I am tempted to say that being moderate (including a slight lean in either direction) seems like the spot for a “reasonable person”, but the truth is that what seems reasonable is usually right where happen to stand at the moment. Thus, reasonable and fanatical are flexible descriptors relative to our current worldview.

    But my current worldview is the best one. Get right. 😉

  42. Dan,
    I’m really amazed at the insistence of some to insist, no to cling to, the fact that their side must be “in the right” because their political opponents have more crazies or perhaps higher placed crazies.

    And every objection someone raises or points out conveniently gets ruled out of bounds and doesn’t count for some reason or another.

    So ultimately you get to be the final arbiter of not only who a “true model liberal” and who is a “true model conservative” but also you take it upon yourself to declare who is right and who is wrong.

    Not only is that entirely amazing, but what is also interesting to me is that I am sitting here typing this, knowing full well nothing I can say or do will every cause you to discover your wrongness in insisting “the other side is so much worse”, so I am left wondering why I am typing this at all. Perhaps it’s cathartic. Perhaps I’m stroking my ego (through an anonymous post on top of that!) Perhaps I just desire to make the world a better place with my own misplaced “enlightenment” and I’m tilting at windmills even though I know better.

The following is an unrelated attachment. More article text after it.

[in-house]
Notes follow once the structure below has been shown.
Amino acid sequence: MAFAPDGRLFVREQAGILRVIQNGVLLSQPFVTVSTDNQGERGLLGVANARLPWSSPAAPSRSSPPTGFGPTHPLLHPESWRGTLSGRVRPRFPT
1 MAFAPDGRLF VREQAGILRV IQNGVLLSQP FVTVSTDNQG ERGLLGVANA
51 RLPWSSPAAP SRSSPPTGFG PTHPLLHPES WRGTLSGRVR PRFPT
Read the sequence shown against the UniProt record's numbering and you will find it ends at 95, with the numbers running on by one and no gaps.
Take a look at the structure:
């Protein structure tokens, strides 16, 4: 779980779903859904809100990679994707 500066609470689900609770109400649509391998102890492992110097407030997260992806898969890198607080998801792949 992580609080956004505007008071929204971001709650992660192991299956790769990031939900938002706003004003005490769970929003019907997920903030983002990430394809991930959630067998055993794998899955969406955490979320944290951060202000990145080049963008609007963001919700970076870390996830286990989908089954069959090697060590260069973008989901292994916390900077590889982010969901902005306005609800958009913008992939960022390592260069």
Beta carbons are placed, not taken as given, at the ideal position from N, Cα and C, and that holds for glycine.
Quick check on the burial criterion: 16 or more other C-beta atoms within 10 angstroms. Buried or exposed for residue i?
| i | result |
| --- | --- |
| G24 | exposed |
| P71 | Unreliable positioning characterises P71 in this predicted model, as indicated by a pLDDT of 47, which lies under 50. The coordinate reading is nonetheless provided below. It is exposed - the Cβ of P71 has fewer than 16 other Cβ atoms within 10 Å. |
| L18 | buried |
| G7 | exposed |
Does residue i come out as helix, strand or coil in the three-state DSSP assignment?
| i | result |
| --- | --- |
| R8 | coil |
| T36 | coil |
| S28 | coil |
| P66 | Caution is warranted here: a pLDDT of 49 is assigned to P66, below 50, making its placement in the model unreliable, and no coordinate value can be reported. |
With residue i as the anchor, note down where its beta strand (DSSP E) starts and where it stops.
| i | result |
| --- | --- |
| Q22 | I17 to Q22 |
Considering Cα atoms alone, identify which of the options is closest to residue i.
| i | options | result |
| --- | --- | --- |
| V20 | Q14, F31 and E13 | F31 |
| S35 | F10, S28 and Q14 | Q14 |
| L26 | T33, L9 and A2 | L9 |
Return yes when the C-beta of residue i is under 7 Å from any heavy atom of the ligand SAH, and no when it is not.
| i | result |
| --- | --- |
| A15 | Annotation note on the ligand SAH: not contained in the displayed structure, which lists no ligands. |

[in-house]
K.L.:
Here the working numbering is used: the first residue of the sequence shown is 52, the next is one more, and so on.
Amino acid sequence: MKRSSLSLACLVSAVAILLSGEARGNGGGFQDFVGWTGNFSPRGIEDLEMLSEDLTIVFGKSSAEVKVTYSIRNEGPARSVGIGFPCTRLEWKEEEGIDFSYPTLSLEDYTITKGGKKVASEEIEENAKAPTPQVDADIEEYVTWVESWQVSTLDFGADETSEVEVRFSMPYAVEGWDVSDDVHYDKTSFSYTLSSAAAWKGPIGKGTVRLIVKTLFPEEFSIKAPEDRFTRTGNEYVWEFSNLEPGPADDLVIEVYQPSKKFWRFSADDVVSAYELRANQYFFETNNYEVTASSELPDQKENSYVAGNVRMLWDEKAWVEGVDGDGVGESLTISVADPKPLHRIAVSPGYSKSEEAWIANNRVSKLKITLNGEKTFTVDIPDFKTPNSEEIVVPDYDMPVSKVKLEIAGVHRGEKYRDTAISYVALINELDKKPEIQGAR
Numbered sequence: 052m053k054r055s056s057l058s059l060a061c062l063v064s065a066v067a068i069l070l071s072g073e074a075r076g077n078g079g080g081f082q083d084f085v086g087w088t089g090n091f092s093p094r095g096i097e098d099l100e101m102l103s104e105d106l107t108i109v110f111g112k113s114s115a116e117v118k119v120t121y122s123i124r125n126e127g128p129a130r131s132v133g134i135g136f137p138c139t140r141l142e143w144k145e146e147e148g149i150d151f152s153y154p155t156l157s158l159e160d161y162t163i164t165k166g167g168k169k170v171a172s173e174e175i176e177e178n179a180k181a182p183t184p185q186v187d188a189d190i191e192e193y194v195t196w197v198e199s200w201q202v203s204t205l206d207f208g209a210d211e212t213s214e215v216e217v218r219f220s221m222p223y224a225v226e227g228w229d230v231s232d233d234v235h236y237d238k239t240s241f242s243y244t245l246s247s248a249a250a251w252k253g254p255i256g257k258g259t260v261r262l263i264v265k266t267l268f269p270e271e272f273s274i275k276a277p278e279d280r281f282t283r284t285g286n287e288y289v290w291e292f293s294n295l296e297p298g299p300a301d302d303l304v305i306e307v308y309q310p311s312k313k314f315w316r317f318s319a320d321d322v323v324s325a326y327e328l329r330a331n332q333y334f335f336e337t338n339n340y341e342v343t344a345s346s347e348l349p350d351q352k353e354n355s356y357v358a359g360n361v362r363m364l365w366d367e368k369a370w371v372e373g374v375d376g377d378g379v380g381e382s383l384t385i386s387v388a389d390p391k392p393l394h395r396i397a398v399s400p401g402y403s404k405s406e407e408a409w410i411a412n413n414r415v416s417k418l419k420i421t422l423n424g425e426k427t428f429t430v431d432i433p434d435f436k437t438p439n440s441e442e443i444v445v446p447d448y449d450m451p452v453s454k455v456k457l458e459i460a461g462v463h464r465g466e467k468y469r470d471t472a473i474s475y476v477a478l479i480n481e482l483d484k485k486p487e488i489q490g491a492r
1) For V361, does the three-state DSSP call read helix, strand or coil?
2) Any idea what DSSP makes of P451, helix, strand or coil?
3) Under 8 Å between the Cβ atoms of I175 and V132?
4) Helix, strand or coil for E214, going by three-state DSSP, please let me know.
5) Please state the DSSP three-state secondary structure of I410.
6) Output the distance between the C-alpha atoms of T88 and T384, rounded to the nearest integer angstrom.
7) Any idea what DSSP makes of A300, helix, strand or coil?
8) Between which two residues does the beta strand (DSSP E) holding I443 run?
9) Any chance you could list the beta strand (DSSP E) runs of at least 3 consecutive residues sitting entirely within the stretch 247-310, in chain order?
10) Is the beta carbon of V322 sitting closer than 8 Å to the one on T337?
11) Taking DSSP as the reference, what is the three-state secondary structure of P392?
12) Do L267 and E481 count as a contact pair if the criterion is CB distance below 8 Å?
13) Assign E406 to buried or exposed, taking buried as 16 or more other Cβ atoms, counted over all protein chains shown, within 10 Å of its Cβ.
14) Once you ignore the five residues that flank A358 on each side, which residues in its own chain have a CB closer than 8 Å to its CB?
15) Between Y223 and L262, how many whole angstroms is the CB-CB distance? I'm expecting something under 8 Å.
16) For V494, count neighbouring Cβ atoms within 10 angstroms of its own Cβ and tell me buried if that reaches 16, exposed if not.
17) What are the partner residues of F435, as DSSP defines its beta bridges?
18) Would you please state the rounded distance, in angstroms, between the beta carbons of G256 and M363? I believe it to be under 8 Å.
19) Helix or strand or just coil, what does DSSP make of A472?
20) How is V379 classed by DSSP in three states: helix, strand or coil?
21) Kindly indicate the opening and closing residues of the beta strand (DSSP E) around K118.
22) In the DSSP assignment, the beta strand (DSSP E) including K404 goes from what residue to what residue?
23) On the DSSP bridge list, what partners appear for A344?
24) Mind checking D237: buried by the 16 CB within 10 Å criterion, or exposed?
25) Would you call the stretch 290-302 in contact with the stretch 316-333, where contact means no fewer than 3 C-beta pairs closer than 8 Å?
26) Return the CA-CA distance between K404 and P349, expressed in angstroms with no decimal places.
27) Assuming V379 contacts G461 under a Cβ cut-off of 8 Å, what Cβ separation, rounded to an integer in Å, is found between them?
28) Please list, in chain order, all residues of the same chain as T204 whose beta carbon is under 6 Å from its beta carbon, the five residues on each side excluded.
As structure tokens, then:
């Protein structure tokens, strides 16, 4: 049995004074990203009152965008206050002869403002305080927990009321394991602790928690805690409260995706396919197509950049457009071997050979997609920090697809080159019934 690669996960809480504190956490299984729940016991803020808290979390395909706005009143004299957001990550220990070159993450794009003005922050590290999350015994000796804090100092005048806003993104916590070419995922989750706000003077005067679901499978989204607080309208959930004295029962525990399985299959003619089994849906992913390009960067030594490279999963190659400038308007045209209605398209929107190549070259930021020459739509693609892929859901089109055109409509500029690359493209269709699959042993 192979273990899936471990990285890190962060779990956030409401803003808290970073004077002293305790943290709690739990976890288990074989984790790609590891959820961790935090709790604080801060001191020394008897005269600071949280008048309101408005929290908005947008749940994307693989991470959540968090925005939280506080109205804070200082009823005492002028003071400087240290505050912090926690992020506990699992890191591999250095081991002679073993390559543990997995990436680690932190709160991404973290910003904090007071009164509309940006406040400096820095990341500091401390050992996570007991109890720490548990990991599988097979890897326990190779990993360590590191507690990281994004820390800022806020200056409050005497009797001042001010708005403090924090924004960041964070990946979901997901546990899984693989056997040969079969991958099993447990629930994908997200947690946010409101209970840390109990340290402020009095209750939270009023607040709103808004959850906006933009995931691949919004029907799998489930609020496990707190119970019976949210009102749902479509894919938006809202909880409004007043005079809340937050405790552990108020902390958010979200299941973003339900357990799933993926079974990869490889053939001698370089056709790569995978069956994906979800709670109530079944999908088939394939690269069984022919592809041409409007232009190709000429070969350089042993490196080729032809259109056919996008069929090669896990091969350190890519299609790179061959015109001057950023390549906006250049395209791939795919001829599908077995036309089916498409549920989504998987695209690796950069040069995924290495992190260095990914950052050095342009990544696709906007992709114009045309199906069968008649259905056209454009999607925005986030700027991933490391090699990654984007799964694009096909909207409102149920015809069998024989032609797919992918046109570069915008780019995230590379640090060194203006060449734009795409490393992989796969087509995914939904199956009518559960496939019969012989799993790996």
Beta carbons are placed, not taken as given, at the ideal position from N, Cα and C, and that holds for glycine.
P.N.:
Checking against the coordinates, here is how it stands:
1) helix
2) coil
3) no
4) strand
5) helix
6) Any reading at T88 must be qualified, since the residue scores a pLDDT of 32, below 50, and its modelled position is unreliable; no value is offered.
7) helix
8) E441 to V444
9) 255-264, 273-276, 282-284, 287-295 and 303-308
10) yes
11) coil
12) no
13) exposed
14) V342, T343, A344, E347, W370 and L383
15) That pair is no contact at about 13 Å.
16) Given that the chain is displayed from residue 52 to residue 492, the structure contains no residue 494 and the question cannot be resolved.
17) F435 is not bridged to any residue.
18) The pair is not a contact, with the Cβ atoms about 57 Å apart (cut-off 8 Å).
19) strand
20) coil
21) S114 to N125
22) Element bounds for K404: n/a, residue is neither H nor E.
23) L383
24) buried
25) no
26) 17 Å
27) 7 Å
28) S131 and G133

Whatever the case it’s unfortunate you can’t simply see that both sides are completely compromised. And the only people worthy of contempt, if there ever were people worthy of contempt are those who are so insistent that “what is wrong” is the result of the other side. And yes I know my logic probably just included myself in that statement.

    We really are still living in Plato’s cave. Even (especially?) those of us who think we’re on the outside.

  43. sam,

    That’s why I said in #46 that it is really hard for me to describe my position well. I am honestly and sincerely trying to find, at the national level, an equivalence of this contempt that we are talking about, and I keep coming up short of examples of liberal contempt that equals the depravity of conservative contempt in this day and age. Now, this may be because my natural inclinations toward liberalism over conservatism makes me more sensitive to attacks against those inclinations, thus because I place a higher value on those inclinations, when they are attacked I see the impact of that attack at a different value than I would at an attack on a position I do not value as much. But I believe that our positions should be grounded in reality and on sound logic. And in the end, are there really more than one truths out there? Can two people taking completely opposite positions both be right?